The Financial Crimes Enforcement Network (FinCEN) has named “cybercrime, including relevant cybersecurity and virtual currency considerations” a national priority. In particular, the Treasury is concerned about the “misuse of virtual assets that exploits and undermines their innovative potential, including through laundering of illicit proceeds.”
FinCEN, a bureau of the U.S. Department of the Treasury, published its “Anti-Money Laundering and Countering the Financing of Terrorism National Priorities” last week.
One of the priorities listed is “cybercrime, including relevant cybersecurity and virtual currency considerations.” The document details:
Treasury is particularly concerned about cyber-enabled financial crime, ransomware attacks, and the misuse of virtual assets that exploits and undermines their innovative potential, including through laundering of illicit proceeds.
The document adds that “Countering ransomware has been identified as a top priority for the United States.” Among the strategies developed to combat ransomware attacks is “enabling rapid tracing and interdiction of virtual currency proceeds,” the document notes.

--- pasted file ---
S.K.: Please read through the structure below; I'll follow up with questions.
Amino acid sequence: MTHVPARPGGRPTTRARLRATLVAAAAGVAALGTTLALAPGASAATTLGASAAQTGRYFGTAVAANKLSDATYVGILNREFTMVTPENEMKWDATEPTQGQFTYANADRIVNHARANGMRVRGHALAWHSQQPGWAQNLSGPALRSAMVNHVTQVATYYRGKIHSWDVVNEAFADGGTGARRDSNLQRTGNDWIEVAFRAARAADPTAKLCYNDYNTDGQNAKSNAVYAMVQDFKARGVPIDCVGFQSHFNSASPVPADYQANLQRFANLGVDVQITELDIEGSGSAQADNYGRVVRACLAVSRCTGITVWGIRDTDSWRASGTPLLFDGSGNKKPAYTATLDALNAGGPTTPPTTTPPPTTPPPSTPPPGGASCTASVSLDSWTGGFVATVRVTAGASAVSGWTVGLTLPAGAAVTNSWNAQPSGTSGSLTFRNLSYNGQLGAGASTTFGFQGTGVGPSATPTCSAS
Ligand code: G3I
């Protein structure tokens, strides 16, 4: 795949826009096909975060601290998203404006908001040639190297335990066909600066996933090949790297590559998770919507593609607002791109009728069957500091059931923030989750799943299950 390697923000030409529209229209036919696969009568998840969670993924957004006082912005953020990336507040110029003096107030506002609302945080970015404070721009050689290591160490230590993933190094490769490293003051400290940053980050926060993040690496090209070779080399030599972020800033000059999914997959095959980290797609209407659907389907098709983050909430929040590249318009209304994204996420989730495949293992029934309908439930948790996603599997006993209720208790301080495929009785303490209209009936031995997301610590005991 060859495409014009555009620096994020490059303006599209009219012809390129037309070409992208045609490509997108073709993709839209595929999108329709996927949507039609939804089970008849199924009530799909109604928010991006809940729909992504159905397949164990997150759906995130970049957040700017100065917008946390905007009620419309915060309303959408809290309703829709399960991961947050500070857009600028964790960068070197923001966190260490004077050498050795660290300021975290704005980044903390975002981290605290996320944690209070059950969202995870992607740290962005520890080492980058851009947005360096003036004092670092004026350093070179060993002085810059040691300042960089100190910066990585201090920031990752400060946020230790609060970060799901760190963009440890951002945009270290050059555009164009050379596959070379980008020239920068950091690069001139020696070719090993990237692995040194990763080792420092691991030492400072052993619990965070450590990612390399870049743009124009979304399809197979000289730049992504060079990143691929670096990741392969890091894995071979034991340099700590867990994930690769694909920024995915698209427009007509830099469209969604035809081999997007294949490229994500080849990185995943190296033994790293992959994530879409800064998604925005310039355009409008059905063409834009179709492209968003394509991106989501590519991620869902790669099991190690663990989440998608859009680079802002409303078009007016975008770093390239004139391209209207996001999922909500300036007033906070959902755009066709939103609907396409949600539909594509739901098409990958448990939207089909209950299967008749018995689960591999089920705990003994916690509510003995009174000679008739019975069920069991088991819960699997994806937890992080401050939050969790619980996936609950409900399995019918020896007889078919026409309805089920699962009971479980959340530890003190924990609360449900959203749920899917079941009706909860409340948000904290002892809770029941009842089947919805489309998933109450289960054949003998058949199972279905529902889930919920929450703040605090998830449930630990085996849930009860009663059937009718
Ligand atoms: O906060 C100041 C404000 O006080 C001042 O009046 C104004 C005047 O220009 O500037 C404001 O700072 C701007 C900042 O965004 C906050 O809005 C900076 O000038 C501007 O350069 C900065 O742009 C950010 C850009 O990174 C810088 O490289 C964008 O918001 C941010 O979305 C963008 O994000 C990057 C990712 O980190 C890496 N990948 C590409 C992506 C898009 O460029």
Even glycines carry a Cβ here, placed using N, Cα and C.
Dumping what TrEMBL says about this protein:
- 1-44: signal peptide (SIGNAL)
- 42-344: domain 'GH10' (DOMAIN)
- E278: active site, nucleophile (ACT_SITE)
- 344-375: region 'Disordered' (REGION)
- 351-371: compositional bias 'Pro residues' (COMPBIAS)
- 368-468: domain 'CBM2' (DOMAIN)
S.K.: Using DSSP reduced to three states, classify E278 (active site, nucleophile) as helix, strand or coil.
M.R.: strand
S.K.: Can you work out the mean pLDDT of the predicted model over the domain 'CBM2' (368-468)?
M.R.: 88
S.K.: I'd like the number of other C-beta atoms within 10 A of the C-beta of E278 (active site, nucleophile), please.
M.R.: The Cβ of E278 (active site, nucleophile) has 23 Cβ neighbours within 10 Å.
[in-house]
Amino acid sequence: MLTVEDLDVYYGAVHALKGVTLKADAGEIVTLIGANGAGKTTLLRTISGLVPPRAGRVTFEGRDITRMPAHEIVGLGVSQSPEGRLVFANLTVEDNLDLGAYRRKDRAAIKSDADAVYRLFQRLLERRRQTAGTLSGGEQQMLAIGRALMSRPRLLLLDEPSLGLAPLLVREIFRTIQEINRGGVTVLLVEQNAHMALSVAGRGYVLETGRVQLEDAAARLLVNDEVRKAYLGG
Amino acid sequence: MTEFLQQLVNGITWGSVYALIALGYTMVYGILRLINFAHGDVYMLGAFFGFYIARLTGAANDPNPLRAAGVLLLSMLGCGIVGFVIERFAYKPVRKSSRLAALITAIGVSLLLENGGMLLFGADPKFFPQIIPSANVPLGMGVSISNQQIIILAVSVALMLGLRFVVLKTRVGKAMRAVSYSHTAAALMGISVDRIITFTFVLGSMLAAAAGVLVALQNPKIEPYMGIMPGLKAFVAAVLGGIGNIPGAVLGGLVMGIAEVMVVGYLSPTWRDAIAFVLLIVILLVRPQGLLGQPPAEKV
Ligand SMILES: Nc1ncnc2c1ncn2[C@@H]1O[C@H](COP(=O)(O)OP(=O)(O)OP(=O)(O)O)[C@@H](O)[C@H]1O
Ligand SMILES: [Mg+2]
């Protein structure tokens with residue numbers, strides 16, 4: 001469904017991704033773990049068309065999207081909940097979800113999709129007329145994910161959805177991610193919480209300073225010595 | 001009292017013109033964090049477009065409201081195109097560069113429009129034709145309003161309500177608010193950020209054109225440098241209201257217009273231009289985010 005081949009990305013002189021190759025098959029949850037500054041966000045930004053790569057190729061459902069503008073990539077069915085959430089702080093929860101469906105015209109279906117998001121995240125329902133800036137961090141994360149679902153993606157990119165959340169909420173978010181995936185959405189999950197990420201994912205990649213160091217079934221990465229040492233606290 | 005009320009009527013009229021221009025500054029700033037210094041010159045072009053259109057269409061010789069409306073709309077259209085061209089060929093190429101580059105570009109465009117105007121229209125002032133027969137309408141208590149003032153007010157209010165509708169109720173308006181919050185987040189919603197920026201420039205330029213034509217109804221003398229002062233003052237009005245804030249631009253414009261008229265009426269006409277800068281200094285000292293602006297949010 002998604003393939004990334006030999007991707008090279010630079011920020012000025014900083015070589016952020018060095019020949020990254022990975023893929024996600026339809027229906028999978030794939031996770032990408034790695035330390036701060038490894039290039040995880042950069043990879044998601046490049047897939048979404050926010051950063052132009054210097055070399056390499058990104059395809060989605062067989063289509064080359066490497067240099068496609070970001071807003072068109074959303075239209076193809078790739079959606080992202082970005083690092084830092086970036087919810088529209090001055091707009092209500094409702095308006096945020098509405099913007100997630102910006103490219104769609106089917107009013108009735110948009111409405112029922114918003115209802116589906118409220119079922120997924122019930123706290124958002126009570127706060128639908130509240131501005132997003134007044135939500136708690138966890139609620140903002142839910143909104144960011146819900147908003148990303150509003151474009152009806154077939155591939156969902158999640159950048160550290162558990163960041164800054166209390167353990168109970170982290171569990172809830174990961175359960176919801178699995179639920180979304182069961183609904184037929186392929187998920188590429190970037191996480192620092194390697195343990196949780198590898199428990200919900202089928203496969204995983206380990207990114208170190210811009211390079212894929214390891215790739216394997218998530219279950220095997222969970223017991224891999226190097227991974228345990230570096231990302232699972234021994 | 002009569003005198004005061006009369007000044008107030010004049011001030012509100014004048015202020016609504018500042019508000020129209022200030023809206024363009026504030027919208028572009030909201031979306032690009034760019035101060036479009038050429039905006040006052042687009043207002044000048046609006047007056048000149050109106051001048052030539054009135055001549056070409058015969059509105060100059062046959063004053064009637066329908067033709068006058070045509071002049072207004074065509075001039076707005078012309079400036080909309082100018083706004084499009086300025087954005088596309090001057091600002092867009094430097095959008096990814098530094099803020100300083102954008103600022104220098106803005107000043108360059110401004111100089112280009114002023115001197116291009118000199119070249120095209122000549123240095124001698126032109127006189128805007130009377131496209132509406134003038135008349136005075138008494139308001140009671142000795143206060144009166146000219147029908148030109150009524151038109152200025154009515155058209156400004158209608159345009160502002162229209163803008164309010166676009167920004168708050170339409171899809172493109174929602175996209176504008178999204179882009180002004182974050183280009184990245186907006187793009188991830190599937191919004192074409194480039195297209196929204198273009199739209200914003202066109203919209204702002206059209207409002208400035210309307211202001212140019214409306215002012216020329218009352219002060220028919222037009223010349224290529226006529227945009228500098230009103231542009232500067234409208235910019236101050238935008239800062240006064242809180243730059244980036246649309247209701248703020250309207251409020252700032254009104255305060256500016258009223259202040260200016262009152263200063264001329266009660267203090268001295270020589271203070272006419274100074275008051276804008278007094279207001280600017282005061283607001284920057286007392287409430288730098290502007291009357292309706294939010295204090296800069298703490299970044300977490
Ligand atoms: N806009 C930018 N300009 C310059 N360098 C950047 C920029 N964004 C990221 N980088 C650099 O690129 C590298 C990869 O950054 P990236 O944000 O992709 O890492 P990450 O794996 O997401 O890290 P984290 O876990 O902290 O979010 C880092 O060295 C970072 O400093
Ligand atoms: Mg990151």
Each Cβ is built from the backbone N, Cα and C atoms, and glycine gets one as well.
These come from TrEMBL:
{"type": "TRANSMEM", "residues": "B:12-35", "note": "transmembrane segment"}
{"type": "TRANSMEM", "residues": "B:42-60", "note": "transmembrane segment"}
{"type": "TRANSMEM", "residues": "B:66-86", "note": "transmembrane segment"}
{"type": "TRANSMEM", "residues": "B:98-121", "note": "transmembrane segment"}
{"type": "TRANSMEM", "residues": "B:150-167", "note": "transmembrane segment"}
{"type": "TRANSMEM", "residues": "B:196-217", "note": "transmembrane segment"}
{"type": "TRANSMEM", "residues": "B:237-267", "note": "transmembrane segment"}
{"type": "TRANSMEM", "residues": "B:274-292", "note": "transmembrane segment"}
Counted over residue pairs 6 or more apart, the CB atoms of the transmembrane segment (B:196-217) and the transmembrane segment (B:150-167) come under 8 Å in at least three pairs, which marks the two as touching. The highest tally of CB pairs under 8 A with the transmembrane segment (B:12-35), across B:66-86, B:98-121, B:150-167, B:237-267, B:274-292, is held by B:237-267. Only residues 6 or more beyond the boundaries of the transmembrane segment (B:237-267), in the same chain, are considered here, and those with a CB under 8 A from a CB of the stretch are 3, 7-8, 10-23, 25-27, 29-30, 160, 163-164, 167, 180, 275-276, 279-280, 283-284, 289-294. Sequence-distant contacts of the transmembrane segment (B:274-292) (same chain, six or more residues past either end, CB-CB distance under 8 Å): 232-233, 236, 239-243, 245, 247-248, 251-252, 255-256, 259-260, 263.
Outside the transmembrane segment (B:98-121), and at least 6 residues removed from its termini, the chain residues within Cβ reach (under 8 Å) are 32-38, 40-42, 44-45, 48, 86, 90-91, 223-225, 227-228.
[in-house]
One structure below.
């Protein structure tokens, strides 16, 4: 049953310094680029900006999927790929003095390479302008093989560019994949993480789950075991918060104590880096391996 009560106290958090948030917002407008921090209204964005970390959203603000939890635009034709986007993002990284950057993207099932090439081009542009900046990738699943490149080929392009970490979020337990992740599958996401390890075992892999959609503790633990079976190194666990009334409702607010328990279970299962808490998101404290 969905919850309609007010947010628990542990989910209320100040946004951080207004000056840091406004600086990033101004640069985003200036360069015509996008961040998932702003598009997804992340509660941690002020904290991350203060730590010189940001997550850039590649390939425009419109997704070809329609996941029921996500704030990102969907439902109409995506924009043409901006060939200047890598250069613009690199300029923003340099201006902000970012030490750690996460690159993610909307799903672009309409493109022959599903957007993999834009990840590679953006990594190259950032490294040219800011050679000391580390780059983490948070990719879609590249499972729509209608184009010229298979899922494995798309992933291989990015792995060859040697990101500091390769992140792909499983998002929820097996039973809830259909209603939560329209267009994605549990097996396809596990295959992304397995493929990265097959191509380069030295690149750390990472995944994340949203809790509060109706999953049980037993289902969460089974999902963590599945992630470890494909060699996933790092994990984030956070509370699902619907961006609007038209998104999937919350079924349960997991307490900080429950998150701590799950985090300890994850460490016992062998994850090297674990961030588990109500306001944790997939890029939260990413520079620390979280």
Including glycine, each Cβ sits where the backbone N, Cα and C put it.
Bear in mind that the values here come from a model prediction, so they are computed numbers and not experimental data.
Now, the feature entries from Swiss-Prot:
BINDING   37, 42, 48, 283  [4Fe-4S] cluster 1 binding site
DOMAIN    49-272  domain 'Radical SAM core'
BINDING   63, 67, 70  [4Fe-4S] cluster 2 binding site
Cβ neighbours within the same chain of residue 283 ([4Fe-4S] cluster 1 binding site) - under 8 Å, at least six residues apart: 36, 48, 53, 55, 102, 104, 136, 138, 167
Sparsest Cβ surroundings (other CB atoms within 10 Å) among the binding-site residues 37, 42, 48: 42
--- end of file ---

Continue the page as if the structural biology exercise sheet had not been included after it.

FinCEN wrote that convertible virtual currencies (CVCs) “have grown as the currency of preference in a wide variety of online illicit activity.”
The bureau detailed: “Criminals use a number of techniques to obscure the source of illicit funds when conducting transactions involving CVCs, including the use of mixers and tumblers.”
In June, President Joe Biden issued a directive to federal agencies to prioritize efforts to confront global anti-corruption, and cryptocurrency was a focus. The Biden administration also unveiled its strategy to combat ransomware that included expanding cryptocurrency analysis to find criminal transactions.
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